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Skaldic Poetry of the Scandinavian Middle Ages

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Vagn Ákason (Vagn)

10th century; volume 1; ed. Matthew Townend;

Lausavísa (Lv) - 1

Skj info: Vagn Ákason (AI, 185-6, BI, 175).

According to Jvs (e.g. Jvs 1962, 18), Vagn (Vagn) was the son of Áki and grandson of Pálna-Tóki, founder of the Jómsvíkingar. He is mentioned in Vígf Hák 1/4 and features prominently in later verse and prose accounts of the famous sea-battle between the Jómsvíkingar and the Norwegian jarls at Hjǫrungavágr (Liavågen, c. 985). He appears to have survived both the battle and the executions that followed it. The following lausavísa is the only poetry attributed to him in any source.

see Anon. X (Tillæg 1)

Lausavísa — Vagn LvI

Matthew Townend 2012, ‘ Vagn Ákason, Lausavísa’ in Diana Whaley (ed.), Poetry from the Kings’ Sagas 1: From Mythical Times to c. 1035. Skaldic Poetry of the Scandinavian Middle Ages 1. Turnhout: Brepols, p. 366. <> (accessed 2 December 2021)


SkP info: I, 366

old edition introduction edition manuscripts transcriptions concordance search files

1 — Vagn Lv 1I

edition interactive full text transcriptions old edition references concordance


Cite as: Matthew Townend (ed.) 2012, ‘Vagn Ákason, Lausavísa 1’ in Diana Whaley (ed.), Poetry from the Kings’ Sagas 1: From Mythical Times to c. 1035. Skaldic Poetry of the Scandinavian Middle Ages 1. Turnhout: Brepols, p. 366.

Sigvaldi hefr setta
sjalfa oss und kylfu,
en fárhugaðr fnauði
fór heim til Danmarkar.
Hyggr í faðm at falla
fljótt vinkonu sinni,
en fyr borð it breiða
Búi gekk með hugrekki.

Sigvaldi hefr setta oss sjalfa und kylfu, en fárhugaðr fnauði fór heim til Danmarkar. Hyggr at falla fljótt í faðm vinkonu sinni, en Búi gekk fyr it breiða borð með hugrekki.

Sigvaldi has put us ourselves under the cosh, but the little-hearted coward has gone home to Denmark. He thinks to fall swiftly into the embrace of his lady-friend, but Búi has gone over the broad gunwale with courage.

Mss: 291(36v), 7(37v), Flat(25vb), 510(63r) (Jvs)

Readings: [1] hefr: hefir svá 510;    setta: ‘sett⸜d⸝a’ Flat    [2] oss: so 7, Flat, 510, ‘os’ 291;    und: við Flat    [3] en: og 510;    fárhugaðr: fáfróðigr Flat, fáhróðigr 510;    fnauði: flœði 7, flýði Flat, 510    [4] heim: so 7, Flat, ‘⸜heim⸝ aptr’ 291;    ‑markar: ‑merkr Flat, 510    [5] Hyggr: ‘hygzt’ 510    [6] vin‑: so Flat, und 291, ǫrr 7, nú 510    [8] gekk: so 7, Flat, ‘gegc’ 291;    ‑rekki: ‑reiði 510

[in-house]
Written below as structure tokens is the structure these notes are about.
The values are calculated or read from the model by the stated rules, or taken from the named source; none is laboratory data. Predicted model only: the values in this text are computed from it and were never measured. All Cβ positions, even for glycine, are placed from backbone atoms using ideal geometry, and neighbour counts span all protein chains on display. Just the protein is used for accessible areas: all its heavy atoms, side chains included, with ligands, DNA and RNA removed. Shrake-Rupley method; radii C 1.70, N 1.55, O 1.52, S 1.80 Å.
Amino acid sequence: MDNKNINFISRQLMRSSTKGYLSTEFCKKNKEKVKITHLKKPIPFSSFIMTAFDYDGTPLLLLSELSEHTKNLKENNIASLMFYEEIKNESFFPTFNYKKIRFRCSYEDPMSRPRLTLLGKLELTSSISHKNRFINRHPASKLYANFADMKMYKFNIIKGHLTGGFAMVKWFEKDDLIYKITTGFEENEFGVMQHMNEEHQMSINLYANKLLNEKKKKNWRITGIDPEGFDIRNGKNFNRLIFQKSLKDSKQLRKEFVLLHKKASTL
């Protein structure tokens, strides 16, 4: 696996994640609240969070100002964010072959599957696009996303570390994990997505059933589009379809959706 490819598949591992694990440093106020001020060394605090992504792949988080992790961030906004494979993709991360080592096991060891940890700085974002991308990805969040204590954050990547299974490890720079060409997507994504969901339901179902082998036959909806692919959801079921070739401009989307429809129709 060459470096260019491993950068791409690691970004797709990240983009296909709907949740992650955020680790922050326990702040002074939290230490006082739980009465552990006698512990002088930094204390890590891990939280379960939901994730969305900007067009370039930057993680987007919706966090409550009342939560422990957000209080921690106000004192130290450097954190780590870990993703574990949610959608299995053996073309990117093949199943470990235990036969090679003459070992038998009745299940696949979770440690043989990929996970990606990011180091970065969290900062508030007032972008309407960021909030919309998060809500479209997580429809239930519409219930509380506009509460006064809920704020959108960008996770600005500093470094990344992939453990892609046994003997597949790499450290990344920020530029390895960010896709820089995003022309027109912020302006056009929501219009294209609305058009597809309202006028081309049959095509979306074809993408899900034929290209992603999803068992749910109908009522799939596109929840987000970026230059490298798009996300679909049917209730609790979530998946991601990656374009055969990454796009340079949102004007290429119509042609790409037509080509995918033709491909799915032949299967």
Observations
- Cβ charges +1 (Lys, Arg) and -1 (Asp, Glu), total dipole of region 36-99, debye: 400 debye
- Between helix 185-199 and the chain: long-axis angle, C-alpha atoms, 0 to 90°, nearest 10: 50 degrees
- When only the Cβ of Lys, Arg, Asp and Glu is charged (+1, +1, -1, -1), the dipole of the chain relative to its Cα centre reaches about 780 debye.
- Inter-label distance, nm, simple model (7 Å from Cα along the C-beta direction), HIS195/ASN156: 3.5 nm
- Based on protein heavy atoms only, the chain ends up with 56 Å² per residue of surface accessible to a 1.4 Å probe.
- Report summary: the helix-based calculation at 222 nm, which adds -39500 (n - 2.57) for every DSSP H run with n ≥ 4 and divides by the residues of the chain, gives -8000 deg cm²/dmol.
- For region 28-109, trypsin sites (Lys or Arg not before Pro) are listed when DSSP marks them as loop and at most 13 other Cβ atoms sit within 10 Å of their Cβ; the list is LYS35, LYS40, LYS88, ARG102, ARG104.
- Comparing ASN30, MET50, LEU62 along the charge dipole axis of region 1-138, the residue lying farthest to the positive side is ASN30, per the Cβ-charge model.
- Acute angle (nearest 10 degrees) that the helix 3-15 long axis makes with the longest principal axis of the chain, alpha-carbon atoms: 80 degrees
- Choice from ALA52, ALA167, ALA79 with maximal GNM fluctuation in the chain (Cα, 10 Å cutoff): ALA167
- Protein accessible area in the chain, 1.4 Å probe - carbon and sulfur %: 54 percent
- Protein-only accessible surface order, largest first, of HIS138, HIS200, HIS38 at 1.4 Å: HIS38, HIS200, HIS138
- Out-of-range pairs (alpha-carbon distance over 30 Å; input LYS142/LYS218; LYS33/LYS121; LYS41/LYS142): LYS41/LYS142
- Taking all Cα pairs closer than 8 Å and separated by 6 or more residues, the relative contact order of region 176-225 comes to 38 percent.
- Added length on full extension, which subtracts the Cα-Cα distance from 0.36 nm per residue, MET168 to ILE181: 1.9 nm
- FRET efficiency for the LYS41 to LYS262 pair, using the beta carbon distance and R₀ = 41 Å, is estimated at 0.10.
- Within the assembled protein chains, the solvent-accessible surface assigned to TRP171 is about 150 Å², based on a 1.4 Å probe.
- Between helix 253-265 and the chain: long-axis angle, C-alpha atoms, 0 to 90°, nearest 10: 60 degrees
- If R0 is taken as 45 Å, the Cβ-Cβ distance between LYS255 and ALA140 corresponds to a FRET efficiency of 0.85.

Editions: Skj: Anonyme digte og vers [X], Tillæg [1]. Vagn Ákason: AI, 185-6, BI, 175, Skald I, 93; Jvs 1879, 86, Jvs 1882, 118, Jvs 1962, 37-8, Jvs 1969, 188, 216, Flat 1860-8, I, 194

Context: At a point in the battle of Hjǫrungavágr (Liavågen) when the division and defeat of the Jómsvíkingar has become apparent, and victory looks assured for the Norwegian jarls Hákon Sigurðarson and his son Eiríkr, Sigvaldi, leader of the Jómsvíkingar, flees and (in 291) calls for others to flee too. Vagn speaks the stanza (in 291 as a direct response to Sigvaldi).

Notes: [1] Sigvaldi: The son of Strút-Haraldr of Selund (Zealand), and leader of the Jómsvíkingar after the death of Pálna-Tóki. — [2] und kylfu ‘under the cosh’: LP: kylfa assumes an idiom setja e-n und kylfu ‘to place sby under a club’, hence ‘to put in danger’, cf. ModE under the cosh ‘under pressure or threat’, and this would fit the situation here, where Sigvaldi and Vagn are comrades. — [3] fnauði ‘coward’: A word restricted to poetry, and recorded also in Anon (Mberf) 5/5II. Fnauði is clearly the lectio difficilior compared to the readings in Flat and 7. — [5-8]: The second helmingr sets up a familiar skaldic contrast between the coward at home with a woman, and the brave man in battle (cf., e.g., Vígf Lv, Anon Liðs 3). — [6] vinkonu ‘of his lady-friend’: Only the Flat reading gives good sense here. The cpd vinkona is also recorded in Hjalmþ Lv 3/6VIII (HjǪ 5). The reading for the first syllable in ms. 7, ǫrr ‘swift (man)’, may be an attempt to supply a m. nom. sg. adj. to function as the subject of hyggr ‘thinks’, which otherwise is understood as fnauði ‘the coward’ in l. 3. — [7] borð ‘gunwale’: The sg. ‘plank, planking’ is used here in a collective sense to refer to the ship’s hull (Jesch 2001a, 140). — [8] Búi: According to Jvs, the son of Véseti of Bornholm, and uncle of Vagn. The preceding prose of Jvs (1962, 37) records that Búi shouted ‘Fyrir borð allir Búa liðar’, ‘Overboard all Búi’s men’ and leapt off the ship with his treasure-chests.

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